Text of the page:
Microsoft is (finally) making a change to its research team to function more like Google and Facebook

Putting the pieces together
Putting the pieces together
Image: Reuters/Jim Young
We may earn a commission from links on this page.

Bill Gates started Microsoft’s research arm in 1991 so that it could do research for the sake of research. The division, aptly named Microsoft Research, didn’t interact with the company’s commercial product staff, an arrangement that led to missed opportunities. One-time upstarts like Google and Facebook were beating it to the punch. A big miss, for example, was the research arm pioneering digital mapping in 1998, but no one thought to commercialize it until 2005, when Google Maps was launched.

Now, 25 years later, newish Microsoft CEO Satya Nadella is breaking the research unit out of its silo, using its knowhow to boost the company’s product teams for the first time. To do this, Nadella has cut Microsoft Research’s 1,000-strong “basic research” staff in half, and has embedded the other half with teams working on products like Azure, Skype, and Office, according to a Bloomberg feature on the reorganization. The idea is for product and research to work together to beat rivals to market.

The new, commercially-oriented research unit is called MSR NeXT, and it’s working on some interesting projects, if this video featuring Ken Woodberry, a deputy managing director of Microsoft Research in the UK, is anything to go by.

Among them:

  • Putting an Xbox Live algorithm that figures out a gamer’s skill level after a small number of games played onto the Azure machine-learning platform, as requested by the US Olympic Committee. The sports body wants to use the algorithm (video, at 9:37) to decide which athletes or teams should be fielded against particular opponents.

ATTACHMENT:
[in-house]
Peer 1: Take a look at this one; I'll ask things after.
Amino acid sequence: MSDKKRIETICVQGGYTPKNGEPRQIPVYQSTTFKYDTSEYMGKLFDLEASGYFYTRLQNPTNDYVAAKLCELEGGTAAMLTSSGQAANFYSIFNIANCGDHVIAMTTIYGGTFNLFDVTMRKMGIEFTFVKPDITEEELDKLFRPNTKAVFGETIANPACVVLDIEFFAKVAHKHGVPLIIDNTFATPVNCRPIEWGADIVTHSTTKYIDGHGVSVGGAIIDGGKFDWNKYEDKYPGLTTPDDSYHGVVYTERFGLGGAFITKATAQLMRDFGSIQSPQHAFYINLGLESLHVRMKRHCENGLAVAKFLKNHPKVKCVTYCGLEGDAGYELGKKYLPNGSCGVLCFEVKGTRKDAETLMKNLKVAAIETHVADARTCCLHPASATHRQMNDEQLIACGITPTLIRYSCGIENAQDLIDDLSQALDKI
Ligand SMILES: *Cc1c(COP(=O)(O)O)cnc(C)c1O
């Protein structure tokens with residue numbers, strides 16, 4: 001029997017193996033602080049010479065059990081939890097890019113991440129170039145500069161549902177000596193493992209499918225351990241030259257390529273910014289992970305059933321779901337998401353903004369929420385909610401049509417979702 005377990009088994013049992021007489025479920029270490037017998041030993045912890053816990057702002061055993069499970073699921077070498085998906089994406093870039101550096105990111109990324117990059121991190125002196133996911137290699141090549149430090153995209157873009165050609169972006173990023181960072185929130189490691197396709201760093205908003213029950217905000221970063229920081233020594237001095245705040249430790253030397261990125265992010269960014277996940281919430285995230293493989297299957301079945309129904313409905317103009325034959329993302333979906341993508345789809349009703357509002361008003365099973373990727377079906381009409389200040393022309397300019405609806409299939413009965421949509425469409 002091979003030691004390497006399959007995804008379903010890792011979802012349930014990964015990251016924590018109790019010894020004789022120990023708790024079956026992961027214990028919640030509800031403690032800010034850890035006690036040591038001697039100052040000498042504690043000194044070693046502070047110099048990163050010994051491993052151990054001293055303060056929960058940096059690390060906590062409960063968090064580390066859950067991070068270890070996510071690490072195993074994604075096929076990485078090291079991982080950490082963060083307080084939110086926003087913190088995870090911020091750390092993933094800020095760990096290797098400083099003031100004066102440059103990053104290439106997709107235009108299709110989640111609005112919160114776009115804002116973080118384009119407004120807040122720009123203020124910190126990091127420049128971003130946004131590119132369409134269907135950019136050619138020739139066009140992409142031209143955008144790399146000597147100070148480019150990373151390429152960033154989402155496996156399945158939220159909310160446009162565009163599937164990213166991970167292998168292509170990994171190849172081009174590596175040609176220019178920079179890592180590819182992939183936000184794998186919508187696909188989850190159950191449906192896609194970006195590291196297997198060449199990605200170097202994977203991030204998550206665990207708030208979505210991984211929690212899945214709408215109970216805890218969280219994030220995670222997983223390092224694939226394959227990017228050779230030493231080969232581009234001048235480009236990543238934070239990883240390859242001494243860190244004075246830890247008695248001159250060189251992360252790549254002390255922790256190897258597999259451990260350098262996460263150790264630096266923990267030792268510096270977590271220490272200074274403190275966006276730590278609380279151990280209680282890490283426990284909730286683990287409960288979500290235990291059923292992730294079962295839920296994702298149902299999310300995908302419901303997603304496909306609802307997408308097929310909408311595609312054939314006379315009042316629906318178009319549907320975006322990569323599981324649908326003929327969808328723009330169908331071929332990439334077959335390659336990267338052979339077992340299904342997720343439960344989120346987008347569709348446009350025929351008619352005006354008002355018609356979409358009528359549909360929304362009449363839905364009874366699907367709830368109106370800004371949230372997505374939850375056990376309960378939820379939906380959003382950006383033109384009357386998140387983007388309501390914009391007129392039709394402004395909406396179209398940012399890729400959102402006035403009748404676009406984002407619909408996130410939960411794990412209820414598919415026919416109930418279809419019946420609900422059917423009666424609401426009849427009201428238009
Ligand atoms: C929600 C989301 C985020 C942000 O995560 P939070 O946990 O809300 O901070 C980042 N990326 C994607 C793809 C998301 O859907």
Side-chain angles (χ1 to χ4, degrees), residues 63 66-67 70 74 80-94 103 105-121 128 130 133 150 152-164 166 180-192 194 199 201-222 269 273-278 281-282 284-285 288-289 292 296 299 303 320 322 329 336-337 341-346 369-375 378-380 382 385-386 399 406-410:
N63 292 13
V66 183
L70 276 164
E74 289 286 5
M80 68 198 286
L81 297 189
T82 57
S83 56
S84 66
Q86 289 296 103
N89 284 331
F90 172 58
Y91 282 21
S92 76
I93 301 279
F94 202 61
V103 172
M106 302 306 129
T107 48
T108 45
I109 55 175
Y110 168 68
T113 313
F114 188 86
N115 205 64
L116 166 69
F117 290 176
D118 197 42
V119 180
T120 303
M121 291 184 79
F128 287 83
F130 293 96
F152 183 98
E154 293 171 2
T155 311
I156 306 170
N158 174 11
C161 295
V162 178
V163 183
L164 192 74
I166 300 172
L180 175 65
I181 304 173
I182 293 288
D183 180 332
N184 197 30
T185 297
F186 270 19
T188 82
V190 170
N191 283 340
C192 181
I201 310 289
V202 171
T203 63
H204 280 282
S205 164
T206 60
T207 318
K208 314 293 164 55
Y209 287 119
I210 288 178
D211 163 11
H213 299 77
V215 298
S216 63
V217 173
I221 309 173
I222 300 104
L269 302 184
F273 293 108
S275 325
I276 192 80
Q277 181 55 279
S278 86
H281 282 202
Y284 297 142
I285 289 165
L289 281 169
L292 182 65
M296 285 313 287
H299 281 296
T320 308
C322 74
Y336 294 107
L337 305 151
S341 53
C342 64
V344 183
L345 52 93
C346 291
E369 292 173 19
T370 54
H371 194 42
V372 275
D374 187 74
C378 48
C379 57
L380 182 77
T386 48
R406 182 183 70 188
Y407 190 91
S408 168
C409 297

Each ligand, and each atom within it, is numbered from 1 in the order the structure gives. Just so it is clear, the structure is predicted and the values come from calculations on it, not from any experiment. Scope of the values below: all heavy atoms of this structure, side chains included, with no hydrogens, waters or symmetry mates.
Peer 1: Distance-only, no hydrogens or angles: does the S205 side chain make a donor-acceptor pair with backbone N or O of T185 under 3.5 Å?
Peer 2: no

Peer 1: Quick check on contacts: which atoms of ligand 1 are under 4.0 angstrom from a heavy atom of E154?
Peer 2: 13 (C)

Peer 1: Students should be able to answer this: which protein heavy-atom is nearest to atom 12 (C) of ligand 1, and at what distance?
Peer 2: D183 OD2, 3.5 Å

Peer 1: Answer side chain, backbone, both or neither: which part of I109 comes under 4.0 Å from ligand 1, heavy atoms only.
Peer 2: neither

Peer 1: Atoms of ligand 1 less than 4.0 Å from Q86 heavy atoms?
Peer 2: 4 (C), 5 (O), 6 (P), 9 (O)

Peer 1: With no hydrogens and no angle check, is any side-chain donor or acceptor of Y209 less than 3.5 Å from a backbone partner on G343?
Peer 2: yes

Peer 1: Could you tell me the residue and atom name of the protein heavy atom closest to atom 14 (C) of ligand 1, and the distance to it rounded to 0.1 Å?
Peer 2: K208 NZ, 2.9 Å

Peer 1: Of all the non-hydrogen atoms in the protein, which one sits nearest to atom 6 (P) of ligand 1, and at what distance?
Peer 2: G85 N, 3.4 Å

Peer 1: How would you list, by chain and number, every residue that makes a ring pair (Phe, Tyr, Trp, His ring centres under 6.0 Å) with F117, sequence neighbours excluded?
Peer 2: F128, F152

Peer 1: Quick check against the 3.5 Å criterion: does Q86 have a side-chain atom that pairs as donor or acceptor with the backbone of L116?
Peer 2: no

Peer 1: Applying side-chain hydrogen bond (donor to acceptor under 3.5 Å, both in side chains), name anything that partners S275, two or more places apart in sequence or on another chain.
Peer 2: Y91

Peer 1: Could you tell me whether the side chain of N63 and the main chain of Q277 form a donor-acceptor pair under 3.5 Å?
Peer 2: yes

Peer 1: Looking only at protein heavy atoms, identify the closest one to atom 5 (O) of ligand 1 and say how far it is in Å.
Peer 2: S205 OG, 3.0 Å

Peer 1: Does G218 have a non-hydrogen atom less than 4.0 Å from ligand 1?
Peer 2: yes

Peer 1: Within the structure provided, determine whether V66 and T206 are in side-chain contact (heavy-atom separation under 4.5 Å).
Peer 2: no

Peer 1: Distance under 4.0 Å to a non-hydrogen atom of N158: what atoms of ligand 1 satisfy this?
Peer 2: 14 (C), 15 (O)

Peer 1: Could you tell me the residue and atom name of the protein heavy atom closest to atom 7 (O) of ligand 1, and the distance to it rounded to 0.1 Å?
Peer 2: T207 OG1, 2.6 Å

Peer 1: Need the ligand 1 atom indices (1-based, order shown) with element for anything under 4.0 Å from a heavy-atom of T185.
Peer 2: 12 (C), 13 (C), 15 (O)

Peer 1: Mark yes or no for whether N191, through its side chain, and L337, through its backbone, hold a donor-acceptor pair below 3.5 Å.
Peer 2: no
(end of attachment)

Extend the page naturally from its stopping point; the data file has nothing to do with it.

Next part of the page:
• Working on flexible displays (video, at 11:36) that could be a second screen or a cover for phones, much like the YotaPhone, which uses e-ink. Former Nokia staffers are in “deep talks” with their research counterparts on this because the market could grow from $1.2 billion in 2014 to $150 billion within a decade.
  • More details on its deep learning work, Project Adam. The tech was used in a mobile app that recognizes types of dogs (video, at 14:23). But Microsoft wants to make it better with the goal of “delighting” canine fans. To do so, it has been scraping the web for pictures of dogs and hired two experts from the Kennel Club to improve the data.
  • A way to embed voiceovers, gestures and handwriting in documents so they can be easily shared, almost like videos (video, at 16:03) instead of static PDFs or Excel spreadsheets.

The Bloomberg piece also reveals that the attention-grabbing Skype Translator—which translates a Skype call spoken in another language in real-time—was the result of an “intercession” from Nadella, who spotted its potential during a February 2014 retreat. Nadella gave his executives three months to get the feature demo-ready, forcing research and product teams to work closely together.

The Translate project’s success gave momentum to the current changes, according to Bloomberg. It also instilled in the teams working on it, including current Microsoft Research strategy head Vikram Dendi, the belief that the restructuring could work.

As a result, Microsoft now looks a lot more like its competition. At Google, for example, research has a “porous connection” with product teams. This lets Google deploy features like Smart Reply, which uses artificial intelligence to suggest email responses, in four months. Facebook also worked quickly on its AI digital assistant M, going from research paper to testing in under a year.

The new Microsoft unit has been busy. It just worked on a feature, released Jan. 25, that lets the digital assistant Cortana read e-mails, pull out tasks, and set reminders to get them done.